Hot Wheels Unleashed Review: Extinguished Flames Mon, 27 Sep 2021 14:01:27 -0400 Mark Delaney

Hot Wheels is one of the most ubiquitous toy brands in the world. For decades, it's awed young kids and adult collectors with elaborate tracks, fun original cars, and exciting licensed crossovers, but its video game adaptations have rarely served all of its fans.

Hot Wheels Unleashed is the first Hot Wheels game I can recall that, in many ways, feels built to satisfy fans of any age. Its driving model is as precise and tough as you want to make it, and its lot of cars on day one is enough to make any longtime fan fist-pump like the boys in its advertising.

However, Hot Wheels Unleashed commits one grievous error that extinguishes the flame of excitement and instead can leave many players spinning rubber in an oil slick of frustration.

Hot Wheels Unleashed Review: Extinguished Flames

When I played a limited preview of Hot Wheels Unleashed earlier this year, my biggest concerns were its poor music selection and an apparent lack of cars beyond Hot Wheels originals. In the full game, both of those issues still exist — sort of. The music is still bad, and within an hour I turned off its mix of what sounds like royalty-free rock. But music is merely peripheral to so much else this game is about, so that's forgivable ultimately.

Its car selection, meanwhile, is actually much more expansive. With dozens of cars at launch, there's a lovely mix of licensed cars from real manufacturers like Ford and Chevrolet, plenty of originals and fantasy cars like Roller Toaster and Rip Rod, and its first major vehicle expansion, while not free, will bring in pop culture cars from properties like Snoopy, Batman, and Ninja Turtles.

So the issue isn't a dearth of cars to choose from, it's how you go about adding them to your collection. Hot Wheels Unleashed offers a rather expansive campaign mode of 80+ races, and each one offers two rewards, a basic completion reward of in-game coins, gears for upgrading, blind boxes containing new cars, or specific new cars, and then a bonus reward for achieving the extra objective. That's all fun and fair.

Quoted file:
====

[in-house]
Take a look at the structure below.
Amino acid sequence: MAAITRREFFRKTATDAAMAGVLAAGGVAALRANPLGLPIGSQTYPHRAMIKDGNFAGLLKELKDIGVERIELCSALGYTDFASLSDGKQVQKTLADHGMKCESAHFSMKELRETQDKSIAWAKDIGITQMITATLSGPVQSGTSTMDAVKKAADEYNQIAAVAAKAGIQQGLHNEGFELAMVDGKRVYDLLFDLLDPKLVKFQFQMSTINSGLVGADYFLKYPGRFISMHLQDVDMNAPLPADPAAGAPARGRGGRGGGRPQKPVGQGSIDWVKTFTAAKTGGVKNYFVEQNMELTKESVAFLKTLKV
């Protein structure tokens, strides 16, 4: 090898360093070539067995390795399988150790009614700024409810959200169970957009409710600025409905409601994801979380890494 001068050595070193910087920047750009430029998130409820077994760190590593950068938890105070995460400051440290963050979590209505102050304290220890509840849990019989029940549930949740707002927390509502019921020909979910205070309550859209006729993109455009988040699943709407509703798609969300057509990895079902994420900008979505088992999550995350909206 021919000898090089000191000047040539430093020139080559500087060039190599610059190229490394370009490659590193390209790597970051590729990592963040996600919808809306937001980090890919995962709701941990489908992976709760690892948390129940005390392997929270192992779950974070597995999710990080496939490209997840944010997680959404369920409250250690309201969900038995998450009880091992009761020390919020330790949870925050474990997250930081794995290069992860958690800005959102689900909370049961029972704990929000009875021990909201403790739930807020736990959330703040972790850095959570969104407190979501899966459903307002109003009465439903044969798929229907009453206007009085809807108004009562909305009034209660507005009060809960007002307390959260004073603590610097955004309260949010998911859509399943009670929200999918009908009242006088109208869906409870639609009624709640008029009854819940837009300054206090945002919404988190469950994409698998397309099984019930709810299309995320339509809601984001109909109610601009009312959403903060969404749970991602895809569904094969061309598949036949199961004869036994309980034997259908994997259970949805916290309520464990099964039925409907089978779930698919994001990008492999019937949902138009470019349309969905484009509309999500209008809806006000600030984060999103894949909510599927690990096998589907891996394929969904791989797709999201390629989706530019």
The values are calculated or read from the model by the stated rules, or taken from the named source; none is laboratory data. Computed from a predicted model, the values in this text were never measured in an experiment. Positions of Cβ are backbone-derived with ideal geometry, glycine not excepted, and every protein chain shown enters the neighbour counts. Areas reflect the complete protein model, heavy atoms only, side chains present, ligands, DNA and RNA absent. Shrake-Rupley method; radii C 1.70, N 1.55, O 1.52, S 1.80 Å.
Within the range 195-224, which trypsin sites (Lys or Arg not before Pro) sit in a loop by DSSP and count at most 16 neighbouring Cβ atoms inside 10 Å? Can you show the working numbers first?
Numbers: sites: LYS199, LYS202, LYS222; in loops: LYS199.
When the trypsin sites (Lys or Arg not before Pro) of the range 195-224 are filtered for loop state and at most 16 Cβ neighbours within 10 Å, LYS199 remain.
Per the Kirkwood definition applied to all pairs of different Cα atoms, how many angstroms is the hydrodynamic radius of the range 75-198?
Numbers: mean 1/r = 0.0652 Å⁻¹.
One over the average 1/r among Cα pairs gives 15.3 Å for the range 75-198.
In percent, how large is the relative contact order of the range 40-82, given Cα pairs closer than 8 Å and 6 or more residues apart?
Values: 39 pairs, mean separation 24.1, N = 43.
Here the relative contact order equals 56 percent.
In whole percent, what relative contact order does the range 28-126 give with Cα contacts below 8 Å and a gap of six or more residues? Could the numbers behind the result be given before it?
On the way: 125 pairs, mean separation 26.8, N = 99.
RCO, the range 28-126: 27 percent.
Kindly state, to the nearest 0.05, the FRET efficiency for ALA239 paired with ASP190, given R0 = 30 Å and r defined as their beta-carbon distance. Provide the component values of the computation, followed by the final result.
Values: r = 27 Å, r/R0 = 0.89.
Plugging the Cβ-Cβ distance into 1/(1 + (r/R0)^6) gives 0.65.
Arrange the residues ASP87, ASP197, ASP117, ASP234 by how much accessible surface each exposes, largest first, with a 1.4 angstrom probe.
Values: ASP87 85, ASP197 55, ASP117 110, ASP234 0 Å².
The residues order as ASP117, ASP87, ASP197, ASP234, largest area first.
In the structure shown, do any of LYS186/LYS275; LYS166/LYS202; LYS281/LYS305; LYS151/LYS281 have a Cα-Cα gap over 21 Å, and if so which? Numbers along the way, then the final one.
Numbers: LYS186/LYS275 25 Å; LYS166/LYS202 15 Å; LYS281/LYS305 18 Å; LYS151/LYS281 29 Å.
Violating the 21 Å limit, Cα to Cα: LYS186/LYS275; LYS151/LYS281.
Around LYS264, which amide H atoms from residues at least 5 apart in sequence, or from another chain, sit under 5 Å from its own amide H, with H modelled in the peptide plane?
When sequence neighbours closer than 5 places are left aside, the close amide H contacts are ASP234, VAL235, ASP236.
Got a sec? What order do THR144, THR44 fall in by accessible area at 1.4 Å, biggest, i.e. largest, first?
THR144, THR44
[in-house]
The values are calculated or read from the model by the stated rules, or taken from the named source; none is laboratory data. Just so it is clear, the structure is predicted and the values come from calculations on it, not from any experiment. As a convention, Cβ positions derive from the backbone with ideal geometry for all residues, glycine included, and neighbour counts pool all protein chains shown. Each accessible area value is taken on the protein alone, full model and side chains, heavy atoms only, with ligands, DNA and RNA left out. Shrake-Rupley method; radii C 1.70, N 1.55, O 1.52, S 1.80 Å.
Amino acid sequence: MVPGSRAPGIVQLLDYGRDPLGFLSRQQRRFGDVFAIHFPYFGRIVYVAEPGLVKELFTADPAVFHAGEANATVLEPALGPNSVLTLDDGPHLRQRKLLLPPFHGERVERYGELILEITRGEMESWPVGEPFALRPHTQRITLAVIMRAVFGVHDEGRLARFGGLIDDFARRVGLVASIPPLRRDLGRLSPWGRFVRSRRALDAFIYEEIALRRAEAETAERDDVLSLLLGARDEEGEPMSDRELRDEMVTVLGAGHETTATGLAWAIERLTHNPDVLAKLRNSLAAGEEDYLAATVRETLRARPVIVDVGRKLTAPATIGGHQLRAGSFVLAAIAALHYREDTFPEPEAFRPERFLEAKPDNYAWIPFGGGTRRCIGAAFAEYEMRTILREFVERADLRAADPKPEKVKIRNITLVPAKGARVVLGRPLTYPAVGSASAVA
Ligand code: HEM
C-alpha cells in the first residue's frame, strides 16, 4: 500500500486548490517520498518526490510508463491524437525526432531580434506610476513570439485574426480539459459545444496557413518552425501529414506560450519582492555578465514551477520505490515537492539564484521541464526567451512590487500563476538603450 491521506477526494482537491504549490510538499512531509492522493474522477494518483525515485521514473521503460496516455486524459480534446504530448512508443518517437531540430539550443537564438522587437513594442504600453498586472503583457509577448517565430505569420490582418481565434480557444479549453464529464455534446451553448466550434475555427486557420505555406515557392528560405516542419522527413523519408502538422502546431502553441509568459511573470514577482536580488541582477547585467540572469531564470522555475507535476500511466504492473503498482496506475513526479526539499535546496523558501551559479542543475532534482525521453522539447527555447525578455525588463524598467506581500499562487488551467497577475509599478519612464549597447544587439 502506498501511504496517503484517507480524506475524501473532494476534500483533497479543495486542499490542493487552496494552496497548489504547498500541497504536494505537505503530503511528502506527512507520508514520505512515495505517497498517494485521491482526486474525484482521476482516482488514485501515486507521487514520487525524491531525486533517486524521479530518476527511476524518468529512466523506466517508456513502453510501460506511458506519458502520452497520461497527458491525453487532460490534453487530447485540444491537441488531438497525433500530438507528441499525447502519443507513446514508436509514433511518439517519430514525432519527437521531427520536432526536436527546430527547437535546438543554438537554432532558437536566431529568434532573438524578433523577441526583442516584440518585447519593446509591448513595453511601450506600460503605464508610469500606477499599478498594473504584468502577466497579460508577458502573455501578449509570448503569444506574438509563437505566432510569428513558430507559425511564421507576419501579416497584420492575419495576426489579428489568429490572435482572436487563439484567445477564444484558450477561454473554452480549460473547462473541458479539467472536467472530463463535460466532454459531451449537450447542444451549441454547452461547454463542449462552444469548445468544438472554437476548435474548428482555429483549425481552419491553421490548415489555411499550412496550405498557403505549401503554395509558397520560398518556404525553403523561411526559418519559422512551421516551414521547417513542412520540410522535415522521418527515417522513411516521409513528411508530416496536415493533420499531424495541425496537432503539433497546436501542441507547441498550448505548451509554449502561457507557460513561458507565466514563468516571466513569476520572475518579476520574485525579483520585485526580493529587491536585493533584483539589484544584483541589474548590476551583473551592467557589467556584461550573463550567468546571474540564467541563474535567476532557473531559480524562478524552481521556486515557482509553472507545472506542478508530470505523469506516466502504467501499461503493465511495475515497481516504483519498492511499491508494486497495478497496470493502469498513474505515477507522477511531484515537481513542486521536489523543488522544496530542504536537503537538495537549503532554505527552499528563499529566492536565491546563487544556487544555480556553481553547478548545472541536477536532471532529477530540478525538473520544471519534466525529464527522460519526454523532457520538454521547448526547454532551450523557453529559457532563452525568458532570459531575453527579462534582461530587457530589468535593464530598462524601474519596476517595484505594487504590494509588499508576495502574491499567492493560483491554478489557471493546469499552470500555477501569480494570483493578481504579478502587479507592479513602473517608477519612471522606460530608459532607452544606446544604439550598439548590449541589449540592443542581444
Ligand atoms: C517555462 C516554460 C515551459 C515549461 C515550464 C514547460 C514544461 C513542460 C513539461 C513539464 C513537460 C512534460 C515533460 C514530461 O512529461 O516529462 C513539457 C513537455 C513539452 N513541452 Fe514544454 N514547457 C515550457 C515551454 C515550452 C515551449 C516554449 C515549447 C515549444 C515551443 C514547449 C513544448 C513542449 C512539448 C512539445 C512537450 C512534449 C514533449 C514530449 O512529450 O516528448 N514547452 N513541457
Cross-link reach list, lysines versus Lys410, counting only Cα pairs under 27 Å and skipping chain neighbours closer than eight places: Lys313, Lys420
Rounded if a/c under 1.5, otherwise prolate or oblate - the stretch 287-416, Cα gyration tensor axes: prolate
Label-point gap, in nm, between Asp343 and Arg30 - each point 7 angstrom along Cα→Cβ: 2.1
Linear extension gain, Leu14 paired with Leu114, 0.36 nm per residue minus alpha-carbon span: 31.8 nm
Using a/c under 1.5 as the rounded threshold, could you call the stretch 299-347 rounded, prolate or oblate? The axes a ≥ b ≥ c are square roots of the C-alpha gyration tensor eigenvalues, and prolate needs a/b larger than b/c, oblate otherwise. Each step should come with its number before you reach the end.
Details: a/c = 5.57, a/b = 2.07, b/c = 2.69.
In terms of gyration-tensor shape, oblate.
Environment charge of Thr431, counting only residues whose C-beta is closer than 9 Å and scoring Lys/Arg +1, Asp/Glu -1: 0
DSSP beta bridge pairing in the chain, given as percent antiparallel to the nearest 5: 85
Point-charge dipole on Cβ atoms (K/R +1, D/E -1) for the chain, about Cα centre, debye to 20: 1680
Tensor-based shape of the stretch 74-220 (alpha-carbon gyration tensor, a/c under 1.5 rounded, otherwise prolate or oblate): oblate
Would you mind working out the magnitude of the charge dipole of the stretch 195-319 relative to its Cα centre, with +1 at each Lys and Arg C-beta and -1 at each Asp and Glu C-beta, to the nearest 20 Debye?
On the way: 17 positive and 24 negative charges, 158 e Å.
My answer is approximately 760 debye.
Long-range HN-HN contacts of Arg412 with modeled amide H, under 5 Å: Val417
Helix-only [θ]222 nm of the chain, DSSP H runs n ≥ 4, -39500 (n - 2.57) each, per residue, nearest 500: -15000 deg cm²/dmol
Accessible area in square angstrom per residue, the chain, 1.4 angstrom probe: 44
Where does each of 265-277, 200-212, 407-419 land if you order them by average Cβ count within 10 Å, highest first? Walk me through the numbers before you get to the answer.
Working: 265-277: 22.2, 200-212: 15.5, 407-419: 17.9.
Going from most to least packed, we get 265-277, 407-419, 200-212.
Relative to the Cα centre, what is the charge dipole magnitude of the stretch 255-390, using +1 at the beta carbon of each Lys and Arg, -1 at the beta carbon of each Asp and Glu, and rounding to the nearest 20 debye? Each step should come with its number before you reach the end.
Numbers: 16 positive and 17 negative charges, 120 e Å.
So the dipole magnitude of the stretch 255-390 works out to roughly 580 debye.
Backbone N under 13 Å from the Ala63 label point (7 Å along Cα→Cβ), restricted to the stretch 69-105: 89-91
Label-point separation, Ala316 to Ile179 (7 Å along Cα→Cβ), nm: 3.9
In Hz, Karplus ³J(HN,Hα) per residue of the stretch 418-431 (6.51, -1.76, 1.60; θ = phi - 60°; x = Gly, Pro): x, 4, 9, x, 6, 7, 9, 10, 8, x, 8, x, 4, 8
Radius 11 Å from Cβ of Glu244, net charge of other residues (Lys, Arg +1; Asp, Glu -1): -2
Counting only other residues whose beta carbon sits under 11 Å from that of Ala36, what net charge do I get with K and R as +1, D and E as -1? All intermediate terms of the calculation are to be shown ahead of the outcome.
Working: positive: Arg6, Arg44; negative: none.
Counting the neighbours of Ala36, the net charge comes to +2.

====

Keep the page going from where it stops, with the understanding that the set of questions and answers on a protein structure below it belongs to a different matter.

Where the system breaks down is when the game stops your progress on its campaign roadmap with "secrets" that vaguely reference things you'll need to do to unlock further races. This system is so vague that during my review, I had to ask around about what it even wanted me to do. As it turns out, these secrets require you to complete specific races with specific cars to open the next chain of events.

Unfathomably, this means you're reliant on a system of mostly randomized car unlocks to hopefully pull the cars you need. At one point early in the campaign, I was met with four or five dead ends because I lacked any of the cars needed to perform their secret events.

You can either spend 500 coins (earned from several races) to buy a randomized car or check the in-game store for a few specific cars rotating in and out every few hours. But oftentimes, these cost even more — as much as 1,200 coins in my experience so far, which would take many races to earn.